New duty on employers to prevent sexual harassment

January 16, 2024
Jatin Patel


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The Equality Act 2010 defines sexual harassment as occurring when a person engages in unwanted behaviour of a sexual nature, whether verbal, non-verbal or physical, that (i) violates an individual’s dignity, or (ii) creates an intimidating, hostile, degrading, humiliating or offensive working environment.

The Worker Protection (Amendment of Equality Act) Act (“the new Act”) makes an important amendment to the law on an employer’s duty to protect its employees from sexual harassment. The new Act is due to come into force in October 2024 but employers would be well advised to start taking preparatory steps now to ensure that they are well-equipped to comply with the new obligation when it comes into force.

The new duty

The new Act will introduce a new duty on employers to take “reasonable steps” to prevent sexual harassment of employees during the course of their employment.

Currently an employer has a defence to a harassment claim if it can show that it took all reasonable steps to prevent it. However, there is no legal requirement to do so – it is simply a matter of best practice to mitigate the risk of harassment claims.

The new duty will place a mandatory legal obligation on an employer to proactively take reasonable measures to prevent workplace sexual harassment.

This new duty only applies to sexual harassment and does not extend to harassment based on other protected characteristics. Guidance on the new positive duty and the new Act is expected in an updated statutory EHRC Code of Practice.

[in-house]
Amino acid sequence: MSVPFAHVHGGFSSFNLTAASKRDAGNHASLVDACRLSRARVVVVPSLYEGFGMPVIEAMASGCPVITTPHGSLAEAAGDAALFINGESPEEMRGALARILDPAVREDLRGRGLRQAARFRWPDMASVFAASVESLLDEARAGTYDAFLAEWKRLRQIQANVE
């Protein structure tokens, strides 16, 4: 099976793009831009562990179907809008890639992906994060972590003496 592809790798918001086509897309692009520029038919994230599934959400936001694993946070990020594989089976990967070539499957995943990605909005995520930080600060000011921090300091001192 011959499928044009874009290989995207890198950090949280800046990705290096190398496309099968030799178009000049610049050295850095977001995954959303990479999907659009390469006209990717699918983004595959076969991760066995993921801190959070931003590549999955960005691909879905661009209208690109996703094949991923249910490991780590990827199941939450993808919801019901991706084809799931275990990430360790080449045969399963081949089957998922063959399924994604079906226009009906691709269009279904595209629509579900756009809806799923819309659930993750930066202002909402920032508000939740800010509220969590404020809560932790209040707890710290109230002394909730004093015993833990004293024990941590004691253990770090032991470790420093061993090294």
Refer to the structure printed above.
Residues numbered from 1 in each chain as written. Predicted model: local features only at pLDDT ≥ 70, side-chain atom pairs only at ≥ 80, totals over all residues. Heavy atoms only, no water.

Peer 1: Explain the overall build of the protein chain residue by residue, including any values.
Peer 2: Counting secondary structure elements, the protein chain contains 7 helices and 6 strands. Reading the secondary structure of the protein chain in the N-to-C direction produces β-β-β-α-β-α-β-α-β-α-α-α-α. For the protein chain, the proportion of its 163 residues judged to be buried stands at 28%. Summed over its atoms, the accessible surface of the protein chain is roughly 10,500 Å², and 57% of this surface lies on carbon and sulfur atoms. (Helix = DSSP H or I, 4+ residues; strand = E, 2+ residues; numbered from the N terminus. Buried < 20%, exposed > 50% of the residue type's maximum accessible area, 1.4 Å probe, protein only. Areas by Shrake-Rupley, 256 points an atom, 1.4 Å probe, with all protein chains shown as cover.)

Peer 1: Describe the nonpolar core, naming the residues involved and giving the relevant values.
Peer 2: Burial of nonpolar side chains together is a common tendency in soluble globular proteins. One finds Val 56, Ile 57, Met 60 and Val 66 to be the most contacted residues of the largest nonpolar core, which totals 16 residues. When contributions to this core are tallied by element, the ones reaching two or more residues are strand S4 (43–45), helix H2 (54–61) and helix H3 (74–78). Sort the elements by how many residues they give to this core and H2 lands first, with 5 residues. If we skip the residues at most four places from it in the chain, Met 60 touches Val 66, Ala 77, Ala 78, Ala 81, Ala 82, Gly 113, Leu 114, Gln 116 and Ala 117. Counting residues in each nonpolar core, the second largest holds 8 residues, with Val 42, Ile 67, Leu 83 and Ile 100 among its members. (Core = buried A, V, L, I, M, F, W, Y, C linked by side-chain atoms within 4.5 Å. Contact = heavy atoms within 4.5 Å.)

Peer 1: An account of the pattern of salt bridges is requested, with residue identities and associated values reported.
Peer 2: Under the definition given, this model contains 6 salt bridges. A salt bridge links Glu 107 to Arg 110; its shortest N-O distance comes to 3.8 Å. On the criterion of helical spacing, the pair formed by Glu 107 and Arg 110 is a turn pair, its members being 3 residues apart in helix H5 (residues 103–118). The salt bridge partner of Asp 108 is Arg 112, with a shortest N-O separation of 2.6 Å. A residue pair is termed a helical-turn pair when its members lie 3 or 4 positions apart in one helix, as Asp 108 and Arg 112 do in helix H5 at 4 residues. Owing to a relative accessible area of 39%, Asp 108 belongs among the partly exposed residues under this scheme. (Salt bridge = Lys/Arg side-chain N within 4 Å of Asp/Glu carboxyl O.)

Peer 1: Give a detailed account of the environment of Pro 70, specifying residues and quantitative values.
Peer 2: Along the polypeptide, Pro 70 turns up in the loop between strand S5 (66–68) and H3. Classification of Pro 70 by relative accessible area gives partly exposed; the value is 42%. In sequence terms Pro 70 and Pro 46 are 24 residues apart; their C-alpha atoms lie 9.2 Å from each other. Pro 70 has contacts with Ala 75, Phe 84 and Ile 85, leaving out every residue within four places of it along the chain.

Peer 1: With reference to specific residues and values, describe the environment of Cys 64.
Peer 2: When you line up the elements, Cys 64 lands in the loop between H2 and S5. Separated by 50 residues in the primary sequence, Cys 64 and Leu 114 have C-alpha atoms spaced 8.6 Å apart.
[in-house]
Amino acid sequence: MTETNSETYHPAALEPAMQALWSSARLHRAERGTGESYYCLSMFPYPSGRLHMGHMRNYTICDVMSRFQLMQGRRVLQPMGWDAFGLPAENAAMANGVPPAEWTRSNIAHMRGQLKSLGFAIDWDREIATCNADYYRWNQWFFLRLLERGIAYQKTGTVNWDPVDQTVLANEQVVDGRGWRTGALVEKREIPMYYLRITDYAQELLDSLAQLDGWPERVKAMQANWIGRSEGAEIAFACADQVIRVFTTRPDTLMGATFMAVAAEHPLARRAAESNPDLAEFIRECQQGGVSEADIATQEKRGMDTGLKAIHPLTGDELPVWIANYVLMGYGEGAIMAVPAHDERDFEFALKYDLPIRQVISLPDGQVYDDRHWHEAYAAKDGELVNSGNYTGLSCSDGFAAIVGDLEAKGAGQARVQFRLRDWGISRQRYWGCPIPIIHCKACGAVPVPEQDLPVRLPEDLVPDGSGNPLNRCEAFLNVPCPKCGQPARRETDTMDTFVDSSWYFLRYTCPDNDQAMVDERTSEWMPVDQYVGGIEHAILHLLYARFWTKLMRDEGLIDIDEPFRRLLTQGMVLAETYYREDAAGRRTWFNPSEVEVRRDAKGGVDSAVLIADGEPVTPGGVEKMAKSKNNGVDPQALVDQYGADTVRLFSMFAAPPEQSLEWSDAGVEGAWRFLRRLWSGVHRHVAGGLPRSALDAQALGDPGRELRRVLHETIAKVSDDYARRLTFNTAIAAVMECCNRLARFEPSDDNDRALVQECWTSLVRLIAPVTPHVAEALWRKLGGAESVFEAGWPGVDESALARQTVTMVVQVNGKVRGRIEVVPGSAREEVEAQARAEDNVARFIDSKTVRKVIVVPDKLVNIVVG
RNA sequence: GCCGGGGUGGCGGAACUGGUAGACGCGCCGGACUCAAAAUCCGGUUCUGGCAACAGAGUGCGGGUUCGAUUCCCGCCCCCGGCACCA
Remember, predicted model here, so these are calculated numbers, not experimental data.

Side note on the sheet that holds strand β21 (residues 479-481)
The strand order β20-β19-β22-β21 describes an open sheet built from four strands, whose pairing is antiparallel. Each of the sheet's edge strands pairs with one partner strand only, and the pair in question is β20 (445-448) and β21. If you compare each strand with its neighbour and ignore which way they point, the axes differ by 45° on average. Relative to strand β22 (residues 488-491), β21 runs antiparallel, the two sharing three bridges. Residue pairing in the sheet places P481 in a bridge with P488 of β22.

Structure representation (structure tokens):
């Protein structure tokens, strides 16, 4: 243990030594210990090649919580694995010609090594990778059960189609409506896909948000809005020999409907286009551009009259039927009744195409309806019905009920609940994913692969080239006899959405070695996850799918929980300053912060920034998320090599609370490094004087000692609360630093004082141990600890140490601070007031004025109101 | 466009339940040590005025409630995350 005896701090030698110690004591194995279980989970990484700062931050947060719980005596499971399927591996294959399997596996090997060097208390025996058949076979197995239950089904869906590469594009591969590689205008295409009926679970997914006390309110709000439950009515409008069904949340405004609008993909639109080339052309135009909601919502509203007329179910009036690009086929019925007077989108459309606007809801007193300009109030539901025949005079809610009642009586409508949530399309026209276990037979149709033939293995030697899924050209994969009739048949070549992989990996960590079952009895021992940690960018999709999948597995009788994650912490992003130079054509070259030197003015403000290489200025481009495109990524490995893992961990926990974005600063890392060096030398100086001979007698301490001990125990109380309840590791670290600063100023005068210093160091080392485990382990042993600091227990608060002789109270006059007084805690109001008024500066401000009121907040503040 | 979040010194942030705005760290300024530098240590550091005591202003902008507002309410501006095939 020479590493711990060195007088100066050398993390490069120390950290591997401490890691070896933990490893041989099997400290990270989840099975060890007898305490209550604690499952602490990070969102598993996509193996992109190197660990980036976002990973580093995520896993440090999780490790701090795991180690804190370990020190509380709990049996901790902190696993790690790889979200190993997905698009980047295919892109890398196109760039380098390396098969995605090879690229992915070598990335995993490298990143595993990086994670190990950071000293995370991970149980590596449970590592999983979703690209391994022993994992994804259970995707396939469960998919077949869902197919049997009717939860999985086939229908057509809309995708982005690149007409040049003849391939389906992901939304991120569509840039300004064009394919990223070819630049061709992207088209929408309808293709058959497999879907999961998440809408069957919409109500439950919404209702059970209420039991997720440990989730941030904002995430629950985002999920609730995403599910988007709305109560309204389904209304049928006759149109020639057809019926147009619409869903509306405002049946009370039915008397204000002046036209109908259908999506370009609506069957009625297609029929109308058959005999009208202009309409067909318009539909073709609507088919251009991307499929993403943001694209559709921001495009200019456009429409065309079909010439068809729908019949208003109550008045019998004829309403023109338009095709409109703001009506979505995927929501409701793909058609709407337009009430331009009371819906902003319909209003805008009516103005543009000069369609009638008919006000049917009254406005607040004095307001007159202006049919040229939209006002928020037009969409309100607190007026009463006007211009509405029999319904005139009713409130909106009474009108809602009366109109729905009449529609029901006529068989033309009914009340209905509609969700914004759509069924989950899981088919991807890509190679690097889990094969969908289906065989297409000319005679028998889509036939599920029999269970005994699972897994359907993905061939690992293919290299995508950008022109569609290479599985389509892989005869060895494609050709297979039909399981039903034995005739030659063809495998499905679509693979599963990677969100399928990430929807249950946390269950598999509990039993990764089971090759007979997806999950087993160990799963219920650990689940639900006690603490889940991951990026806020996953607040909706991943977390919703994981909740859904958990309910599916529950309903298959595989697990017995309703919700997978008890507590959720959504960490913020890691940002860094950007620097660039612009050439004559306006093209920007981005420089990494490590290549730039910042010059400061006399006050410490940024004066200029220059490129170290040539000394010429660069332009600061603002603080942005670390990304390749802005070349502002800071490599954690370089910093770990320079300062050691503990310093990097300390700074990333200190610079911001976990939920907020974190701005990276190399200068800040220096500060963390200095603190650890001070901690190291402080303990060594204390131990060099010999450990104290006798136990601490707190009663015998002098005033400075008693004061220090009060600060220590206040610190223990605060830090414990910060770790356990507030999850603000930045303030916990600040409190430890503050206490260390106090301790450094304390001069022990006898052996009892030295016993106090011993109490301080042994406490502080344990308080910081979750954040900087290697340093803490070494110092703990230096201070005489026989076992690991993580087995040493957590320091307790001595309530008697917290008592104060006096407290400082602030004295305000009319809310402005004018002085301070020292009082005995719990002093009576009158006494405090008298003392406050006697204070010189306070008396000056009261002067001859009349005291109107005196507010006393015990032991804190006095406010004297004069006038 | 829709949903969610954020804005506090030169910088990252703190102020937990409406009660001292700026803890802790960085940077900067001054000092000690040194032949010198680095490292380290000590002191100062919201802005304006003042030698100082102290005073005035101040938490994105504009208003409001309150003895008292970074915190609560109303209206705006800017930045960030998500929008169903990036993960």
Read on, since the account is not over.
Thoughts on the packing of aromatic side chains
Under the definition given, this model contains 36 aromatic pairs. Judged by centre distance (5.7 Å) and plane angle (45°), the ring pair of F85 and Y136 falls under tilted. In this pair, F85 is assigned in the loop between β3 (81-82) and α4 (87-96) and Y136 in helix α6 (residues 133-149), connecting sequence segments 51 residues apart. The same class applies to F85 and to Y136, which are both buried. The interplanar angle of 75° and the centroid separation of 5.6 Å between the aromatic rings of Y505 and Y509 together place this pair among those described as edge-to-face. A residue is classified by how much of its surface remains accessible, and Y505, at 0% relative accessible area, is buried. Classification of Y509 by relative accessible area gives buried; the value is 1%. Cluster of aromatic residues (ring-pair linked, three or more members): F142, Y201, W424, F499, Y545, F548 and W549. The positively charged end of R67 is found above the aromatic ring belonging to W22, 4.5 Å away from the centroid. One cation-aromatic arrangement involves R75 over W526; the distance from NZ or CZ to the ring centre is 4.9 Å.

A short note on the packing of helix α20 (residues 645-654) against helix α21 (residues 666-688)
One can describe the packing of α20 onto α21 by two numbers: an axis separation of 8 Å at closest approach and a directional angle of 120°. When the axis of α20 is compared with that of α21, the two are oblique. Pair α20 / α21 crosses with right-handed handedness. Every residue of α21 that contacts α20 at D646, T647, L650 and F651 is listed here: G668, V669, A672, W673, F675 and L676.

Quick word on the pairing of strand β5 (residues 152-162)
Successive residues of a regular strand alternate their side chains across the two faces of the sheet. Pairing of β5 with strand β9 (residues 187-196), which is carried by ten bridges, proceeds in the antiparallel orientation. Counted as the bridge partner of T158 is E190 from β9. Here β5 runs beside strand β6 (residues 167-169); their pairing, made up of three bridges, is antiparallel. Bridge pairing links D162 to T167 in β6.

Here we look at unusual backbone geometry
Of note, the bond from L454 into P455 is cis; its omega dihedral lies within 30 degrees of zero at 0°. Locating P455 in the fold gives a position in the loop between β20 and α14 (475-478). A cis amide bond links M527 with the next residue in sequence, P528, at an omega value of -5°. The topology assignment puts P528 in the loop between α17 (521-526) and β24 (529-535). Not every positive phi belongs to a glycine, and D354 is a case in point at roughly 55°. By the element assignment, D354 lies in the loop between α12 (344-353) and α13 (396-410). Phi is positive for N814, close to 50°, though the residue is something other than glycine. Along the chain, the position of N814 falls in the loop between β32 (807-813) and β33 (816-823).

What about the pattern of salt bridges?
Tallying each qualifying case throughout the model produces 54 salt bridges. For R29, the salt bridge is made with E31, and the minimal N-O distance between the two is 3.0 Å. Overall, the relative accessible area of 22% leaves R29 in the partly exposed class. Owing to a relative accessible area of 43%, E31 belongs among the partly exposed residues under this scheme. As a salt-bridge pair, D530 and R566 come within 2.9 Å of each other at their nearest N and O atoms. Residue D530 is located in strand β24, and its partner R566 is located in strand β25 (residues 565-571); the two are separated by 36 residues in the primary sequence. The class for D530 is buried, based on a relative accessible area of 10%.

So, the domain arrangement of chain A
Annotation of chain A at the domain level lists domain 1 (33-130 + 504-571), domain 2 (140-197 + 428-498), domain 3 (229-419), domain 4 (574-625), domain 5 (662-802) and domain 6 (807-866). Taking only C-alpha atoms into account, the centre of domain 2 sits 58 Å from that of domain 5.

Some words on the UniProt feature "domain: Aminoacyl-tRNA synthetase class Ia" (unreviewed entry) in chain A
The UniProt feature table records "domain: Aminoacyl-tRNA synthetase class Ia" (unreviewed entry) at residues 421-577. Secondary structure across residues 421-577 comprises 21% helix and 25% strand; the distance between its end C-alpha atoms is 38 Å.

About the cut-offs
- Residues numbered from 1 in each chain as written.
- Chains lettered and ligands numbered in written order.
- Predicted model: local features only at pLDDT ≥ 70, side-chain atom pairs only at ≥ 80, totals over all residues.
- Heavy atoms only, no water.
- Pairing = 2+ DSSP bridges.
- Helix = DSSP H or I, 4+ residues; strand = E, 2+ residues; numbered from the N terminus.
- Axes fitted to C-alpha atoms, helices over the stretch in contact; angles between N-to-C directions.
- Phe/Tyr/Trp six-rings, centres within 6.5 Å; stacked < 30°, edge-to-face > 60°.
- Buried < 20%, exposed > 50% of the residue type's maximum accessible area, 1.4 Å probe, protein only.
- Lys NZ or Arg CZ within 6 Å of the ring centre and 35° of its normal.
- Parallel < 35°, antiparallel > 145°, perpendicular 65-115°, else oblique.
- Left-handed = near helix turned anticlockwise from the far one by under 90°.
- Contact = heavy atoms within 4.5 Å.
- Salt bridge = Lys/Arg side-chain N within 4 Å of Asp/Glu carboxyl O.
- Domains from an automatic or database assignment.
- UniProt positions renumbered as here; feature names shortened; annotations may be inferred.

If an employee is successful in a claim for sexual harassment and it is held that the employer has breached the new duty, the Employment Tribunal has the power to increase any compensation by up to 25%. This uplift will apply to all compensation awarded, which should act as an incentive for compliance by employers, particularly as compensation for harassment can be expensive – over £50,000 for the most serious injury to feelings award and uncapped compensation for future loss of earnings.

What are “reasonable steps”?

Whilst there is no current guidance on what “reasonable steps” means in respect of this new mandatory duty, we expect that Employment Tribunals will follow existing case law where employers have relied on reasonable steps as a defence to a harassment claim.

The recent case of Fischer v London United Busways set out a list of “reasonable steps” an employer could take which includes:

  • Keeping relevant policies up-to-date
  • Establishing employee representative groups
  • Delivering staff training and workshops
  • Raising awareness of equal opportunities

What do you need to do?

Employers should start preparing now to ensure compliance with the new duty. We suggest the following steps:

  • Reviewing and updating anti-sexual harassment policies and (where applicable) employment contracts.
  • Re-circulating relevant policies to staff.
  • Delivering adapted and up-to-date training on preventing harassment.
  • Implementing complaints mechanisms to deal with sexual harassment complaints and reports by victims or witnesses.
  • Carrying out fresh risk assessments and responding swiftly to any concerns identified.
  • Keeping detailed and accurate written records of measures taken and maintained in preventing sexual harassment in the workplace.  

How we can help

We are able to help you put in place the appropriate measures to protect your business.

We are offering clients a fixed price review of anti-sexual harassment policies and advice on implementation and ongoing risk management. Alternatively, we also offer bespoke advice.

If you would like to know more, please contact Jatin Patel.